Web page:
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1968: The Year That Rocked Our World

1968: Interview With Frances Moore Lappé

In 1971 Frances Moore Lappé’s first book, Diet for a Small Planet, tackled the premise that an exploding population and diminishing food sources were the root causes of poverty; rather, she said, poverty and hunger resulted from faulty distribution and waste. “It was policy, not scarcity.” The solution: a revitalized, personalized democracy, and an increased sense of commitment to (and community with) each other. Sixteen books later, Lappé, 64, is still working for that with her Small Planet Institute in Cambridge, Massachusetts.

Q: Where did your activism begin?

A: My parents founded a Unitarian church in Fort Worth, Texas—and integrated it, which was radical. They not only talked the talk, they walked the walk. My favorite memory of childhood was being in my room, at the other end of the hallway from the kitchen. Looking down the hall, I could see the coffeepot on the stove, and hear what I called the “hum” from the kitchen—the grownups sitting around the table, talking about the big important things: How do we make the world better? What’s our duty here?

Q: Was there one particular galvanizing event that set you in this direction?

A: Out of college, I went to work for the city of Philadelphia. My “cover” was that I was a housing inspector, but I was really organizing for welfare rights, going door to door in difficult neighborhoods (difficult for a white woman, anyway), talking to folks, helping them know their rights. One woman I met and became very close to—her name was Lily—died of a heart attack in her 40s. I was convinced she’d died of poverty, not of disease. Her kids didn’t have enough food, she had to fight with the landlord for heat, they couldn’t get medicine when they were sick, if she worked there was nobody to take care of her children. Everything was a struggle; eventually she just died of it. We all were coresponsible for that. Welfare organizing, well, I couldn’t see that it was direct enough tackling of the root of Lily’s death. She died from being poor. How could this happen in our country? I wanted to find out.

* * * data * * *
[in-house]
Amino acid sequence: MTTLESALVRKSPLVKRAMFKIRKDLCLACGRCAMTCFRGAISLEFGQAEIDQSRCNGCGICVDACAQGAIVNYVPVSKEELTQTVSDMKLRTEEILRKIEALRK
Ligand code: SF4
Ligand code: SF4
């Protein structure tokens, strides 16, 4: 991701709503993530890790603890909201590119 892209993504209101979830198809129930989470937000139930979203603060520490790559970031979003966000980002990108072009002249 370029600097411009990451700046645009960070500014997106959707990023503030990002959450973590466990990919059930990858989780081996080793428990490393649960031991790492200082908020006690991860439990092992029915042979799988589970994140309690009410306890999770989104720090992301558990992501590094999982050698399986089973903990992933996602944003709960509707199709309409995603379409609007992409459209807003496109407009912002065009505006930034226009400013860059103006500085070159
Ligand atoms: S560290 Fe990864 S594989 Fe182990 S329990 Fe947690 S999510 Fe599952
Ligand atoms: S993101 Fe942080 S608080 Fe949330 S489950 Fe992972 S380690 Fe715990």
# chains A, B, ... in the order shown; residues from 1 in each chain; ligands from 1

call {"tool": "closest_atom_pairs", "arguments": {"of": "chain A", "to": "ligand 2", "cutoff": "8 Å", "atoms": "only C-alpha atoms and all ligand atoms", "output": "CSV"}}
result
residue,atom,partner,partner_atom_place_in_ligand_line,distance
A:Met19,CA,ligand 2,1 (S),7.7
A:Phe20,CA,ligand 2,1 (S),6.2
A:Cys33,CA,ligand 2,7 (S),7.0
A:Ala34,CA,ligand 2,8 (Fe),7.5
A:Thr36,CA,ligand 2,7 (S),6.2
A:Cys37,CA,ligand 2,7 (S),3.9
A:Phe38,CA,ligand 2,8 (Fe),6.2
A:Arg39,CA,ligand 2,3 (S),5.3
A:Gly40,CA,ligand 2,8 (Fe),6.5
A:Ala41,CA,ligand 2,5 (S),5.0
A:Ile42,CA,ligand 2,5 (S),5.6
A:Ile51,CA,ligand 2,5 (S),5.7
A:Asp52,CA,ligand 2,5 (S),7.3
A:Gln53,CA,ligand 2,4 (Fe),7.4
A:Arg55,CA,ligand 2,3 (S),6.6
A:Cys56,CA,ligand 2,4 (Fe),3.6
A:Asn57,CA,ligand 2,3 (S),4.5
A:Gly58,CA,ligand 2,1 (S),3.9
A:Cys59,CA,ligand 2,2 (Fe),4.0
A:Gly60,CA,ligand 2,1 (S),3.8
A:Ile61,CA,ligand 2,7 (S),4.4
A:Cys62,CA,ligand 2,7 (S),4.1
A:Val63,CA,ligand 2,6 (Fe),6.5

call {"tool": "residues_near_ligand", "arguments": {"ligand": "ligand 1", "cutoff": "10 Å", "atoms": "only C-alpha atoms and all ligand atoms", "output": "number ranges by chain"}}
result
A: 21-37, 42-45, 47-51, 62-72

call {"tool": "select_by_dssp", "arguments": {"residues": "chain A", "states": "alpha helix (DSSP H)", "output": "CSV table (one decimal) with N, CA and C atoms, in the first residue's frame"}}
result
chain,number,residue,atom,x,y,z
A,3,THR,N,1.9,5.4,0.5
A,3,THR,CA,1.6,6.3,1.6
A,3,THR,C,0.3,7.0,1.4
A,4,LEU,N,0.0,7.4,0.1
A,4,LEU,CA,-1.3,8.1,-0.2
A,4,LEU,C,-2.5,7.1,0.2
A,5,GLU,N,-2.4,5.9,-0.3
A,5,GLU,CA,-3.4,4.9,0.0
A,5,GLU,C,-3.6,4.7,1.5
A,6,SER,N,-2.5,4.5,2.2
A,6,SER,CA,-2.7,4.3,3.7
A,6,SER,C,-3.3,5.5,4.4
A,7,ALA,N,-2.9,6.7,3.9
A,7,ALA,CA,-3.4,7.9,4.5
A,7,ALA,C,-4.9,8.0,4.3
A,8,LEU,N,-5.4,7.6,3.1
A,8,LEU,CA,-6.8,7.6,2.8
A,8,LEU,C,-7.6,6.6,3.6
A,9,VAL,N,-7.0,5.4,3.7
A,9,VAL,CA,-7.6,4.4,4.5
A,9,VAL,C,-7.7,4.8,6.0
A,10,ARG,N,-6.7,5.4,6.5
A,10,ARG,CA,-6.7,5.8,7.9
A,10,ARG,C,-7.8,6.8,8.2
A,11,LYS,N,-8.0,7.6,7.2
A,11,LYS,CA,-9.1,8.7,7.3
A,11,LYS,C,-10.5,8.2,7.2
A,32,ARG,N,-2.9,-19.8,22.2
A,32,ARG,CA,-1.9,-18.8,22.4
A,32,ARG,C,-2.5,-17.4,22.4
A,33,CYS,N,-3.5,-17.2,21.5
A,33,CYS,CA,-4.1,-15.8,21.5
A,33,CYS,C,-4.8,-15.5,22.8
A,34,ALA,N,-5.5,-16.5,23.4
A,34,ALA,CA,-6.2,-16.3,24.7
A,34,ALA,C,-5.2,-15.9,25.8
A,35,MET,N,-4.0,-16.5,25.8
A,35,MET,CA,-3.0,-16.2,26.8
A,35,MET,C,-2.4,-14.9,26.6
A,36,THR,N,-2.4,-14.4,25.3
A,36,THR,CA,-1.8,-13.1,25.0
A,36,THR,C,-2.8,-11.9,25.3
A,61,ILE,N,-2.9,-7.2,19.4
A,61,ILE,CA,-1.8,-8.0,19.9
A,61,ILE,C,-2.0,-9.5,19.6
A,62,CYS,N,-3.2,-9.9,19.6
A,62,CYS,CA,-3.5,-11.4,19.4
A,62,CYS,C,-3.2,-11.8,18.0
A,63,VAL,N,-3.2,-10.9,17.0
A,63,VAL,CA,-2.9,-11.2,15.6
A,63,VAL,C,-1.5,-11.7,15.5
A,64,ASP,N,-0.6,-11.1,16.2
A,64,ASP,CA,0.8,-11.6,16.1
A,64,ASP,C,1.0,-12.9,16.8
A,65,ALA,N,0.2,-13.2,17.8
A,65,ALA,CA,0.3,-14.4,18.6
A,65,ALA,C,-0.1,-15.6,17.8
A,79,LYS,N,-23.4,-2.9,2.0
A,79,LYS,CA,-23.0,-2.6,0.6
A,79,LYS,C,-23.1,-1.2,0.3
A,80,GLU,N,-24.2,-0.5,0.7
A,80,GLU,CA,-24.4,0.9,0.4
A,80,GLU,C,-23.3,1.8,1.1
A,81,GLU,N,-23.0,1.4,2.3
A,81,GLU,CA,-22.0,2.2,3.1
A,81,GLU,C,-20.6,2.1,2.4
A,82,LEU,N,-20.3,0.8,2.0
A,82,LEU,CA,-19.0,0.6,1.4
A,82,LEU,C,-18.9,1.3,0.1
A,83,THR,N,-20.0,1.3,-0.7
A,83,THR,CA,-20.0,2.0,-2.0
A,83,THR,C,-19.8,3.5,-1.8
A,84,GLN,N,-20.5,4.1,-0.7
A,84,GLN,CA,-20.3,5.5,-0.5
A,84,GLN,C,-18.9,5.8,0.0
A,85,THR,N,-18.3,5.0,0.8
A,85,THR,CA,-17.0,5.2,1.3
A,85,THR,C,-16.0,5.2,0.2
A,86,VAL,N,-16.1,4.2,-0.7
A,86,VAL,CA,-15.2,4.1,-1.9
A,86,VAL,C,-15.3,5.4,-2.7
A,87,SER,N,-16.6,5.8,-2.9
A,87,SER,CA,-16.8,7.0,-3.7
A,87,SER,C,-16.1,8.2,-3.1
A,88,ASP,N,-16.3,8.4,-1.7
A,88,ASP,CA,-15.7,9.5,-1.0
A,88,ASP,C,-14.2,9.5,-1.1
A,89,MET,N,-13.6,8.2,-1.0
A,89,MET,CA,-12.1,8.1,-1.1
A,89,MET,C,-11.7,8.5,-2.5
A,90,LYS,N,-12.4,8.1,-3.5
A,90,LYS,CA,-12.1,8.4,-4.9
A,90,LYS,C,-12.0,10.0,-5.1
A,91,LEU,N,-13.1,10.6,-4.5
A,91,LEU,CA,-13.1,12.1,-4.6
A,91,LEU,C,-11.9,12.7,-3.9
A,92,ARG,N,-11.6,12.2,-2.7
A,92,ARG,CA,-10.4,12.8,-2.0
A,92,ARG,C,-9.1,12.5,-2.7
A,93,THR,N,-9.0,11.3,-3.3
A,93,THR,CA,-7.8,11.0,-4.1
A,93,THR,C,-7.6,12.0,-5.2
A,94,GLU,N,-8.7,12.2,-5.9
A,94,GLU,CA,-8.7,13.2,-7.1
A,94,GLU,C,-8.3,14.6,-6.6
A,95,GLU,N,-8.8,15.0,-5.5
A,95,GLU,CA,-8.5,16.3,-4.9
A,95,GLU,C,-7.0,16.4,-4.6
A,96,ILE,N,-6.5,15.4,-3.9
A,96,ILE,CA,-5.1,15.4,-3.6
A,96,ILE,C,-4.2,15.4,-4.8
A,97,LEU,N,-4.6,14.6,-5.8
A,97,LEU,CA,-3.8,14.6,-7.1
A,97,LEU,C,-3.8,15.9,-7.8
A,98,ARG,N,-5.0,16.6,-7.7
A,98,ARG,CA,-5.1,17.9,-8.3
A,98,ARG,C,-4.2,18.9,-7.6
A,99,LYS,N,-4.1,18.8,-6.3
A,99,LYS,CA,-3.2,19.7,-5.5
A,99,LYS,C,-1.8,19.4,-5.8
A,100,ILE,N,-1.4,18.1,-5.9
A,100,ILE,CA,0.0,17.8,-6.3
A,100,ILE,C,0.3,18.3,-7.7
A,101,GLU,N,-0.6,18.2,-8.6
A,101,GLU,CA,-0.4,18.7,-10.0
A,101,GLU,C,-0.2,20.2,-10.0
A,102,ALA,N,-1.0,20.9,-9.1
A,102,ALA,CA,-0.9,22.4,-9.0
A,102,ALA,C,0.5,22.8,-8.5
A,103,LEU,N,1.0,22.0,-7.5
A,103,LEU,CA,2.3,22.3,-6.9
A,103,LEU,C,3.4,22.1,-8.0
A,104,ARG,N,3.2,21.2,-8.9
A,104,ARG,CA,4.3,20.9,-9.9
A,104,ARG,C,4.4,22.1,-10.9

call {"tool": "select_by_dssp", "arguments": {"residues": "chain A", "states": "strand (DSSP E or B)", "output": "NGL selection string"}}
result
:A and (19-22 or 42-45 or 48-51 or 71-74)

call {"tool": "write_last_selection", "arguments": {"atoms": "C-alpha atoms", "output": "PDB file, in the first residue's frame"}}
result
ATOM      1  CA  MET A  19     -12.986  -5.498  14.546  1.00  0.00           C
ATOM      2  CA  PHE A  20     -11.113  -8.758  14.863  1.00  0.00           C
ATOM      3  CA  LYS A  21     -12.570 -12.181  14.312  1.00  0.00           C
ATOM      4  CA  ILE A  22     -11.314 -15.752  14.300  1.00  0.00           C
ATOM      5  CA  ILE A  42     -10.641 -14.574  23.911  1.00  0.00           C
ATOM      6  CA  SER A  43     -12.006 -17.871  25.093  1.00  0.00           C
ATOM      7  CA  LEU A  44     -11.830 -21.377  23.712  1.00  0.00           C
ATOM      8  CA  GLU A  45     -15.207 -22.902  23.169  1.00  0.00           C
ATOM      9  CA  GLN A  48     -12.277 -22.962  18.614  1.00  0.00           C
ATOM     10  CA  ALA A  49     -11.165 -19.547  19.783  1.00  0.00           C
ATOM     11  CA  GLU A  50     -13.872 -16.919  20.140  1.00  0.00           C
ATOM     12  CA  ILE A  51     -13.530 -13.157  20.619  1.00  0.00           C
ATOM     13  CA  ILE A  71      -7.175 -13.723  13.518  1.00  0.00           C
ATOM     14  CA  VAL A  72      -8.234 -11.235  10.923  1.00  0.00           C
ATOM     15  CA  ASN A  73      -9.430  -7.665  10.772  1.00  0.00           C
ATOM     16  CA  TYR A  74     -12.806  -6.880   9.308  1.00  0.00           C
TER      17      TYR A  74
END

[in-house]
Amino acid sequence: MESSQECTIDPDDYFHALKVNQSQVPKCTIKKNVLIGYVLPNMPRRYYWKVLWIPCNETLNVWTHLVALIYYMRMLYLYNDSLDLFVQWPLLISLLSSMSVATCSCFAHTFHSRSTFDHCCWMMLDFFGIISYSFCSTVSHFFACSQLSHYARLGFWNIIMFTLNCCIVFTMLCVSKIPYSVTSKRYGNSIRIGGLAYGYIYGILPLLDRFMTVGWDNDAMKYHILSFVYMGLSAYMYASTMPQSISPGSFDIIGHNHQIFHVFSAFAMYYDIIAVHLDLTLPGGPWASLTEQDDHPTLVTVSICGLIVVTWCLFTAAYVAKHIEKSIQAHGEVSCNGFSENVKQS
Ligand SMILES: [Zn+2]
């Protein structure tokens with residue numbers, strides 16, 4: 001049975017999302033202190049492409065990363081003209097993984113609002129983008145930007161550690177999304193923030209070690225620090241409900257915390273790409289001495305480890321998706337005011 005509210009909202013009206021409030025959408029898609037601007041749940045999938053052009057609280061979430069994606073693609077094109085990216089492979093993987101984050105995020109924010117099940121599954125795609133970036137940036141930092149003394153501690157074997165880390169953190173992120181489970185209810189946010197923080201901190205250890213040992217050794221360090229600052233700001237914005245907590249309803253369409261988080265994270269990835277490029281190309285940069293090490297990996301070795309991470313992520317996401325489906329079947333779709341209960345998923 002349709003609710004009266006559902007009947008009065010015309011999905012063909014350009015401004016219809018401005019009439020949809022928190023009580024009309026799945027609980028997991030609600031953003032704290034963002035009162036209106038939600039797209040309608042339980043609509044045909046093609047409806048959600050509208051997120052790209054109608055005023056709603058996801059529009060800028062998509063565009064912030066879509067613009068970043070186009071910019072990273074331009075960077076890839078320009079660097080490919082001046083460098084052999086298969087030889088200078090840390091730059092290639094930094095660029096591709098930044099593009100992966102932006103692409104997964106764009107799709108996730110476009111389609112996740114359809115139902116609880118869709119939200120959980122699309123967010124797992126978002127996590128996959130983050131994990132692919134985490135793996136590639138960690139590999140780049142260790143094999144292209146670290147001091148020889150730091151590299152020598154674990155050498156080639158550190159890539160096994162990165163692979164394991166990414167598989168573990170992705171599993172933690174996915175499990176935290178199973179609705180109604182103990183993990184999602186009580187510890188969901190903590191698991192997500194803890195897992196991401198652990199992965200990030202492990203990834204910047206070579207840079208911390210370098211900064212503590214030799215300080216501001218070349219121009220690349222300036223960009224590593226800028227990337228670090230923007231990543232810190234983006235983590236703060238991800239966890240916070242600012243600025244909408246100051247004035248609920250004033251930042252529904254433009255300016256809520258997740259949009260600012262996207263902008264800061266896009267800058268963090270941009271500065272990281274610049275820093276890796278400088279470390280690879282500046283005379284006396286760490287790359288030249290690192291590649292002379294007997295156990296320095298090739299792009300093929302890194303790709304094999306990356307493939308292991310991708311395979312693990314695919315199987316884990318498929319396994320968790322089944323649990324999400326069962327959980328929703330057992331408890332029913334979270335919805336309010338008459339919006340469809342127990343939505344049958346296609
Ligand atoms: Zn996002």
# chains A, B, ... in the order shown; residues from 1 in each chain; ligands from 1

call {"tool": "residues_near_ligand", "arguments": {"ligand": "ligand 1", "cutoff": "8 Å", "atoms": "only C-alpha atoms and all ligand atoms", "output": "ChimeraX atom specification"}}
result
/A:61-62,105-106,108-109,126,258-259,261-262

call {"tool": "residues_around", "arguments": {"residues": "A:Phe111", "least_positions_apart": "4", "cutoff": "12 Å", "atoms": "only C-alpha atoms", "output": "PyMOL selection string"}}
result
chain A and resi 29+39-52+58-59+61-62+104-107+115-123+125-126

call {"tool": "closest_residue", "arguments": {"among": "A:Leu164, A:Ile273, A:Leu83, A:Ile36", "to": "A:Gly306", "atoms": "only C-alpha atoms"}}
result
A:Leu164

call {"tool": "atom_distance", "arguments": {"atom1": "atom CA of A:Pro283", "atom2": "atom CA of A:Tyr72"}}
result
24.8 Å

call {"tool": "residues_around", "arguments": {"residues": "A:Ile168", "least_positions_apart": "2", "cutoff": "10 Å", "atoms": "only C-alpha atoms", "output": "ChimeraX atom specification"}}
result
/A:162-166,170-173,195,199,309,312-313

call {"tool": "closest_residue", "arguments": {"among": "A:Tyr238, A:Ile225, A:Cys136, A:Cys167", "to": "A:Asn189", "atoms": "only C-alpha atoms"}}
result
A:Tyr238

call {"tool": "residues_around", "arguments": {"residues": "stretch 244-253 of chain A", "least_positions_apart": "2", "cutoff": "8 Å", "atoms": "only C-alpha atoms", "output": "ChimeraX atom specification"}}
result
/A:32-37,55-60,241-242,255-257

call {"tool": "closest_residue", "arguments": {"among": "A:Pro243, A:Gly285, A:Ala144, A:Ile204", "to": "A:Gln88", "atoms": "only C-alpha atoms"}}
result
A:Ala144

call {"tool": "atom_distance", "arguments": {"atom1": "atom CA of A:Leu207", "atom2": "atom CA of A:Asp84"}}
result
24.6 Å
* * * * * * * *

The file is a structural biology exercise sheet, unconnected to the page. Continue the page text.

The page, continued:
Q: So you became a detective?

A: Yes, I began to perfect my own personal research technique: curiosity. Following my nose. The experts were saying that the population problem was going to be the end of us; worldwide famine was coming. I was pretty naive, I just didn’t believe we were out of food, out of room, out of possibility. So I started researching it, mostly at Berkeley’s Giannini Foundation Library, while the student riots and the Free University campus strikes went on outside. By the way, in my experience, that was not about a lot of bored rich kids. Sure, there was some bad behavior, some not very good strategizing in terms of getting the “grownups” to listen—but if you can’t insist on idealism and act on it when you’re in college, when is the time?

Q: So—what did you learn by following your nose?

A: I read everything I could—economics, cultural rituals, who grows what, where food comes from, where it goes, how it gets grown or planted, and suddenly I realized, what, we’re feeding a third of the world’s grain to livestock? With so little return? That made no sense to me—it was about policy, not scarcity. Or maybe a created scarcity. I thought, “Well, I can’t stop the war, but maybe I can figure out how to feed people.” Food is the most personal yet universal thing we have; it connects us to the earth, to each other; it involves rituals of sharing; it’s what we give ourselves every day.

Q: And the solution is?

A: Well, first, we have to define the problem, don’t we? Why are we creating a world of conditions we abhor? As individuals, we don’t believe it’s okay to rob people, we don’t believe it’s okay to starve them or steal their water or make their air dirty—so why do we go along with it when corporations do it or governments do it? What do we know about how human beings are hard-wired, about what’s best in us, and for us? We know the answer to that: clean water, air, safety for our children, education, dignity of work, peace. Democracy is dangerous if it’s not understood as a way of life where the values of democracy permeate every aspect of our lives. Don’t put bad chemicals in the groundwater, or in your neighbors’ groundwater. Don’t put plastic into dog food. Don’t eat anything you can’t pronounce. Buy locally, support local growers and sustainable agriculture. Find a way to make your work actually connect to your life. This isn’t idealism; it’s common sense, it’s reality.

Q: What’s the good news?

A: The farmers market phenomenon, all over the country. People are hungry for good food not sprayed with chemicals, but also for the experience of connecting with their neighbors, and connecting with where the food comes from. I was driving back to Boston from a conference in western Mass., the Mass. Turnpike—saw an official sign, “Farmers Market, next exit.” I thought I was hallucinating. Thought, “That’s my dream come true, and there it is, and I’m hallucinating.” But no, it was true.

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